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Opposition to Santa Monica LUVE Measure Raises Nearly $1 Million HOME ad for NO on LV Initiative link

Santa Monica Real Estate Company, Roque and Mark
Roque & Mark Real Estate
2802 Santa Monica Boulevard
Santa Monica, CA 90404
(310)828-7525 -

Harding Larmore Kutcher & Kozal, LLP  law firm
Harding, Larmore
Kutcher & Kozal, LLP

Convention and Visitors Bureau Santa Monica

By Jonathan Friedman
Associate Editor

September 30, 2016 -- It won’t be known until November who wins the battle for LUVE, the proposal appearing on the ballot as Measure LV that calls for voters to have the final say on a significant number of construction projects and planning documents. But the opposition has already clinched the fundraising victory.

The two LUVE opposition groups, which are conducting separate campaigns, have raised a combined total of just under $947,000 through September 29, according to disclosure statements submitted to the City this week.

Residocracy, the activist group that wrote LUVE, has raised a little more than $46,000.

Opposition groups Santa Monica Forward and Housing and Opportunity for a Modern Economy (HOME) are doing their fundraising in different ways.

While Forward has received money from nearly 170 contributors, HOME has eight sources -- three of them giving the vast majority of the cash.

The majority of the contributors who combined to give Forward more than $585,000 were residents who gave not much more than $100 each.

But Forward's dollar figure reached as high as it did thanks to much larger contributions from a small number of groups -- mostly property owners, but not necessarily those who have development proposals in the queue.

Among the top contributors are property owners Hudson Pacific Properties with $49,000 and Belle Vue Plaza with $49,000, Miramar Hotel owner Ocean Avenue LLC with $49,000, the Santa Monica Chamber of Commerce with $25,000 and Santa Monica Place owner Macerich with $15,000.

All but a small sum of HOME’s fundraising total of a little over $363,000 comes from three developers with property interests in Santa Monica -- NMS Properties with $225,000, Century West Partners with $75,000 and the owner of the proposed mixed-use project at 525 Colorado Avenue.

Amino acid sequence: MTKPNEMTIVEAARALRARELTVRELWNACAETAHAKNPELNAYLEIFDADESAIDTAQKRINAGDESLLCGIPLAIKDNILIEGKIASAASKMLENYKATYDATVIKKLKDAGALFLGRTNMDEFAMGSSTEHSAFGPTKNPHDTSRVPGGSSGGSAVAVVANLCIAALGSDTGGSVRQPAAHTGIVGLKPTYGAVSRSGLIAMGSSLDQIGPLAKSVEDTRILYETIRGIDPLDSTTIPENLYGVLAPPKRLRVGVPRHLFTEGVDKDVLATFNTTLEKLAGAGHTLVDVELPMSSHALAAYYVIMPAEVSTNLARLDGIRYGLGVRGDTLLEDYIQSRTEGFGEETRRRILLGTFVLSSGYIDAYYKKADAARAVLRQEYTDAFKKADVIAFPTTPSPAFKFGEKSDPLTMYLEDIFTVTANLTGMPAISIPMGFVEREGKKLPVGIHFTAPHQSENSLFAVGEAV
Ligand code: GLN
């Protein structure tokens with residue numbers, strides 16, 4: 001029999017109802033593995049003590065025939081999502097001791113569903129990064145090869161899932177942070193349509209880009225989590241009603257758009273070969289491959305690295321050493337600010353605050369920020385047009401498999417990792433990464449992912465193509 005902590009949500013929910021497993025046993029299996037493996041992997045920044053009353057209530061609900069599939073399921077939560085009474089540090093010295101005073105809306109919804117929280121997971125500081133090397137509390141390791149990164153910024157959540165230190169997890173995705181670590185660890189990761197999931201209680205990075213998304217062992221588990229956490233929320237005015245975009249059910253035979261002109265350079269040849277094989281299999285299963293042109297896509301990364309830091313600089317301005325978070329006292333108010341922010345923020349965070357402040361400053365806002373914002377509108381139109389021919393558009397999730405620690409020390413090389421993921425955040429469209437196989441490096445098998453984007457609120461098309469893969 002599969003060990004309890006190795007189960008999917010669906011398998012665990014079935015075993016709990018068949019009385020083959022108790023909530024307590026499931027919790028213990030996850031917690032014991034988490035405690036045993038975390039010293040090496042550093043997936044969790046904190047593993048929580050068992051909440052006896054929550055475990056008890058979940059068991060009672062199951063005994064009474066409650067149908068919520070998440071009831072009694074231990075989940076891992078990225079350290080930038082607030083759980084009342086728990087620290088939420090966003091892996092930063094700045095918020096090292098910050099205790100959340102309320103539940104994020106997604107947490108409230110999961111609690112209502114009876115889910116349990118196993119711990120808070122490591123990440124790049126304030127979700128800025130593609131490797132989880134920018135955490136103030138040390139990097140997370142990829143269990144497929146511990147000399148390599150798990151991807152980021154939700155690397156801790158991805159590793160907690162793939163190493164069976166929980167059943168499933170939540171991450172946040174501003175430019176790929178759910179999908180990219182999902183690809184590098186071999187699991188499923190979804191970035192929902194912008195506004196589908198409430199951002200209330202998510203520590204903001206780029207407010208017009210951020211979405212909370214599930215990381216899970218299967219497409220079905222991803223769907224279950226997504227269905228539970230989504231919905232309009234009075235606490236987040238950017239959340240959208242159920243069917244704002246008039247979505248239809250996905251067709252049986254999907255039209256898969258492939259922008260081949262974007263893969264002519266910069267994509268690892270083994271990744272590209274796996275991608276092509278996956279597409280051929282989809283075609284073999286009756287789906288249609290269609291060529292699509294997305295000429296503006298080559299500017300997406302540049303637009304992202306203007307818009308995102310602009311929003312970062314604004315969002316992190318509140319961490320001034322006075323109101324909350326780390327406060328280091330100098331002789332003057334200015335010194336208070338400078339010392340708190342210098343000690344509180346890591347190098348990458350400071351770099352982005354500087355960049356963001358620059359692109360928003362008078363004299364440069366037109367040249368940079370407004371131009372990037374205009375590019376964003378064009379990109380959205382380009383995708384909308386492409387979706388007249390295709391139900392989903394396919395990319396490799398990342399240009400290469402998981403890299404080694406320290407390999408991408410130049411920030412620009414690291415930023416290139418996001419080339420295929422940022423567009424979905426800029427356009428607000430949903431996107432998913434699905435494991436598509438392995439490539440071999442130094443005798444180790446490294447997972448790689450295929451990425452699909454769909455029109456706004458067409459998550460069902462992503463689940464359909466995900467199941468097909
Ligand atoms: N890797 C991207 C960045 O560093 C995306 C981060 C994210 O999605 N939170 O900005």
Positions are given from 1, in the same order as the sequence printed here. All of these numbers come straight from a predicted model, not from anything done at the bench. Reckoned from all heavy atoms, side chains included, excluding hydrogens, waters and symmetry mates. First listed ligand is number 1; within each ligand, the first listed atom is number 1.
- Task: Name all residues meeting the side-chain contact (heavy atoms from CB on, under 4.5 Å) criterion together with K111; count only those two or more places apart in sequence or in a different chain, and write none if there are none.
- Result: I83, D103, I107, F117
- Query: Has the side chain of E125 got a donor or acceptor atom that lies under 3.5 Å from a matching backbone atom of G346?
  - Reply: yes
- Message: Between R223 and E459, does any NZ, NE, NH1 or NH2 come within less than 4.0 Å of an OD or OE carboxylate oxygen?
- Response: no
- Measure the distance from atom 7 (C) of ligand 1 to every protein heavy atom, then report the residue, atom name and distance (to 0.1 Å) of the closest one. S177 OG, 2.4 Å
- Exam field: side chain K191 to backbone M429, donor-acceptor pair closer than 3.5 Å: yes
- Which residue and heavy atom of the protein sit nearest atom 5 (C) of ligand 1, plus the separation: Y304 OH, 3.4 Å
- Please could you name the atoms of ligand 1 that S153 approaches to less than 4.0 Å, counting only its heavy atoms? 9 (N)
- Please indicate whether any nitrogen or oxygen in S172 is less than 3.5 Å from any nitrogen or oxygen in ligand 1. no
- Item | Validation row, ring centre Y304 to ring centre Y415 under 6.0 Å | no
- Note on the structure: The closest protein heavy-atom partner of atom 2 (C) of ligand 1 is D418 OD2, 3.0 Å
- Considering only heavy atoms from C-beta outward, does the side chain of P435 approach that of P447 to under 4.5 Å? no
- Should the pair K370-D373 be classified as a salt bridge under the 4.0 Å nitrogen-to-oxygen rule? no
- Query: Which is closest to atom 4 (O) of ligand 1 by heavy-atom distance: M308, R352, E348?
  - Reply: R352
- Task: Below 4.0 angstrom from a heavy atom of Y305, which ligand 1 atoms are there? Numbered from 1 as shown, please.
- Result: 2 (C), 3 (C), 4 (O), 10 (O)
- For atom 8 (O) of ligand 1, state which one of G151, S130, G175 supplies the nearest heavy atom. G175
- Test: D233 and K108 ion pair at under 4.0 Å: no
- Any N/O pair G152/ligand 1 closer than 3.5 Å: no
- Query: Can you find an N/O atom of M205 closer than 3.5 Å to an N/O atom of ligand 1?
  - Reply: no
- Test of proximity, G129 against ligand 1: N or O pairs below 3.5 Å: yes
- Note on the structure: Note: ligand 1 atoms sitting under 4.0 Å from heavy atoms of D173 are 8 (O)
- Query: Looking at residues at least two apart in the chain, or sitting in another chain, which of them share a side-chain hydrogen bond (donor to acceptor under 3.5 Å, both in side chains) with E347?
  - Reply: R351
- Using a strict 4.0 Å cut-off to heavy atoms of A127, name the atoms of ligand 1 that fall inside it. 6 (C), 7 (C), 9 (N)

There is a wide discrepancy with how much the two opposition campaigns have spent. HOME has used more than $206,000 of its money while Forward is holding onto most of its cash--only spending a little under $57,000 so far.

Residocracy has numerous contributors to its pro-LUVE campaign. Like Forward, most of its donors gave money in lower amounts.

Among the top contributors are Los Angeles real estate investor Ishak Bibawi with $5,000, Venice businessman Mark Sokol with $5,000 and retiree Thomas Epley with $3,135.

Residocracy has spent about $34,000.

The current state of affairs on the fundraising and spending likely reminds political observers of the RIFT imitative in 2008, another proposal that went before Santa Monica voters in an attempt to curb development.

Development interests greatly outspent supporters that year, and RIFT was defeated.

Although RIFT had a similar goal to LUVE, its supporters are not necessarily the same. Some of the names have changed because of the passage of time, with people leaving the political scene and others entering it in the past several years.

But some former RIFT supporters are not attracted to LUVE for various reasons. Among them is City Councilmember Ted Winterer, who was a major force in the pro-RIFT campaign, but opposes LUVE.

Another campaign that has attracted money, although not nearly the same amount as the one for LUVE, is the campaign for Measures GS and GSH.

GS calls for a local half-cent sales tax and GSH is a non-binding proposal designating the tax revenue to schools and affordable housing.

There are two campaigns supporting the related measures. One has raised $52,655. Another funded by Councilmember Sue Himmelrich has spent $3,485 and has received over $12,000 in services that it is expected to pay soon.

No organized group has raised money to oppose the measures, although people did sign their name to opposition arguments that will appear on the ballot (“Opponents Call Santa Monica Tax Measure ‘Growth Stimulating Hormone,’ Supporters Disagree,” August 24, 2016).

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